Clinical signs of toxicity can include agitation, panting, excitement, flatulence, rapid heart rate followed by life-threatening elevations in body temperature. Death has been reported in as little as 6 hours without appropriate treatment. I have seen rectal temperatures greater than 108 F, and these temperatures can be very difficult to control. The high end of normal of a dog’s temperature is 102.5 F, and any temperature above 106 F can lead to an “unwinding” of the body’s proteins as well as permanent brain injury, depending upon the length of time that the elevation in body temperature persists.   

Treatment consists of aggressive decontamination measures including induction of vomiting, gastric lavage (“washing out” the stomach under anesthesia), administration of charcoal, and enemas. Active cooling by any means available is extremely important. There are also specific medications that can be given in the hospital to help control the clinical signs.

Prognosis for survival is generally guarded to poor, and unfortunately, many deaths have been reported. We have had 2 cases of hops toxicity this past year in the ER, and thankfully, both survived with aggressive treatment.

Any breed of dog may be affected, but breeds that are predisposed to malignant hyperthermia (extreme elevation of body temperature for an unknown reason) tend to be more susceptible.  These breeds include Greyhounds, Labrador Retrievers, Saint Bernards, Pointers, Dobermans, Border Collies, English Springer Spaniels, and northern breeds.   

If you suspect your dog has been exposed to hops, seek veterinary care immediately! This is not something that can be managed at home. Quickly take a rectal temperature, and if it is found to be greater than 105 F, begin active cooling measures—such as dousing your pets body with cool water and wrapping icepacks in towels and placing them over its body—in addition to running the air conditioning in car while on your way to your veterinarian or local emergency clinic. This measure could help save your pets life and give him or her the best chance for survival.


Recall: Natura Expands Recall, Again.

This following was posted on the Natura Pet food site on 4/19/2013.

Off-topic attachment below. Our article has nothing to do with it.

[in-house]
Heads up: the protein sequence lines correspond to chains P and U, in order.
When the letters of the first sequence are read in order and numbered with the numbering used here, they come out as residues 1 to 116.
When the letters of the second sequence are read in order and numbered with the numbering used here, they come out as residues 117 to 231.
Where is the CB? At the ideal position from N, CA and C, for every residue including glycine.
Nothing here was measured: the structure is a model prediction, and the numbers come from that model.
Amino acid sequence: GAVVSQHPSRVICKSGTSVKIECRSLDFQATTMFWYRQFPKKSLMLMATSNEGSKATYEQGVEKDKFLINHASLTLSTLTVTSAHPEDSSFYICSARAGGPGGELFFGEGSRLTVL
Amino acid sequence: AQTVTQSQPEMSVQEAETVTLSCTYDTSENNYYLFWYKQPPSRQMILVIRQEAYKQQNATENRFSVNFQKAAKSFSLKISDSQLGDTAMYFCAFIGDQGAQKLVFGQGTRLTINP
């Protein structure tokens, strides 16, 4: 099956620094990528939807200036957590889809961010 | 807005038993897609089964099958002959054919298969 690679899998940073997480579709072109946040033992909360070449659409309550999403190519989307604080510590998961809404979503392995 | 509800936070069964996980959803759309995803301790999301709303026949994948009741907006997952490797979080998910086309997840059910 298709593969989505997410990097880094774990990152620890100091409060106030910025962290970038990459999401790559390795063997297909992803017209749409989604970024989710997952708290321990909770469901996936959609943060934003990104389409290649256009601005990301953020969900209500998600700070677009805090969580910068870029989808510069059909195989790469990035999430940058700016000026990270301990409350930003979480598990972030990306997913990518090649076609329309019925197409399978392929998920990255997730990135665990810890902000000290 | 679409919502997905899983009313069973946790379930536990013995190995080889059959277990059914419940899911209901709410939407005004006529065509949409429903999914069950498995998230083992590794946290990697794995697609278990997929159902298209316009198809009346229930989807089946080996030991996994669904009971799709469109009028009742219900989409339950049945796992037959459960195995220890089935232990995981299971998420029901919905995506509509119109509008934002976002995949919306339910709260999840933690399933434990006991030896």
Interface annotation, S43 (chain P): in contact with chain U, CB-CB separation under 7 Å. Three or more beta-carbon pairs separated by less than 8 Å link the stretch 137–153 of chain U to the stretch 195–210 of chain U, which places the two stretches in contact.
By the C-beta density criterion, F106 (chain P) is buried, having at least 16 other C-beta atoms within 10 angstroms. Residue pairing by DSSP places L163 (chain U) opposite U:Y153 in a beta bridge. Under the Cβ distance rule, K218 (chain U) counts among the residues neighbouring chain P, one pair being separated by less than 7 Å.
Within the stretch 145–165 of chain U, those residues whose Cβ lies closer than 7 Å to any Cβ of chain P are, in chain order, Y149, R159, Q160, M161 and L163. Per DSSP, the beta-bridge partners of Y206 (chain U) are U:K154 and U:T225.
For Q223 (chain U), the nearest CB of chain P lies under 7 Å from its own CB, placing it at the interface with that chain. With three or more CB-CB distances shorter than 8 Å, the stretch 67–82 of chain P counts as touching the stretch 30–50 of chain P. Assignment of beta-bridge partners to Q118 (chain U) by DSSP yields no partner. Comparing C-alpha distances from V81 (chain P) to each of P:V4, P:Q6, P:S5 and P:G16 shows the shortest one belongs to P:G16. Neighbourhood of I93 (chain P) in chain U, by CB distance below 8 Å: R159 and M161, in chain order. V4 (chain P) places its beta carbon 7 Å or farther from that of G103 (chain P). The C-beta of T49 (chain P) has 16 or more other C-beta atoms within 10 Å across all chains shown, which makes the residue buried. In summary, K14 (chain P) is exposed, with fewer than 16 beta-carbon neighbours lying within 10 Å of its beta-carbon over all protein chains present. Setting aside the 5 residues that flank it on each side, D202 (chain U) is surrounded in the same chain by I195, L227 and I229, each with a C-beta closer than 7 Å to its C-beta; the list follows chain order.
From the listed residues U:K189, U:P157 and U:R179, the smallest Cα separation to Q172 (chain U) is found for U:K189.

Contact: Natura Pet Consumer Relations – 800-224-6123

Natura Pet Expands Voluntary Recall of Dry Pet Foods

Due to Possible Health Risk

FREMONT, NEBRASKA, April 19, 2013

–Natura Pet Products is voluntarily expanding its March 29, 2013 recall of dry pet foods because they have the potential to be contaminated with Salmonella. The expanded recall now includes all dry pet food products and treats with expiration dates prior to and including March 24, 2014. Please see the table below for details of affected products.

Salmonella can affect animals eating the products and there is risk to humans from handling contaminated pet products, especially if they have not thoroughly washed their hands after having contact with the products or any surfaces exposed to these products.

Healthy people infected with Salmonella should monitor themselves for some or all of the following symptoms: nausea, vomiting, diarrhea or bloody diarrhea, abdominal cramping and fever. Rarely, Salmonella

can result in more serious ailments, including arterial infections, endocarditis, arthritis, muscle pain, eye irritation, and urinary tract symptoms.

Consumers exhibiting these signs after having contact with this product should contact their healthcare providers.

Pets with Salmonella infections may be lethargic and have diarrhea or bloody diarrhea, fever, and vomiting. Some pets will have only decreased appetite, fever and abdominal pain. Infected but otherwise healthy pets can be carriers and infect other animals or humans. If your pet has consumed the recalled product and has these symptoms, please contact your veterinarian.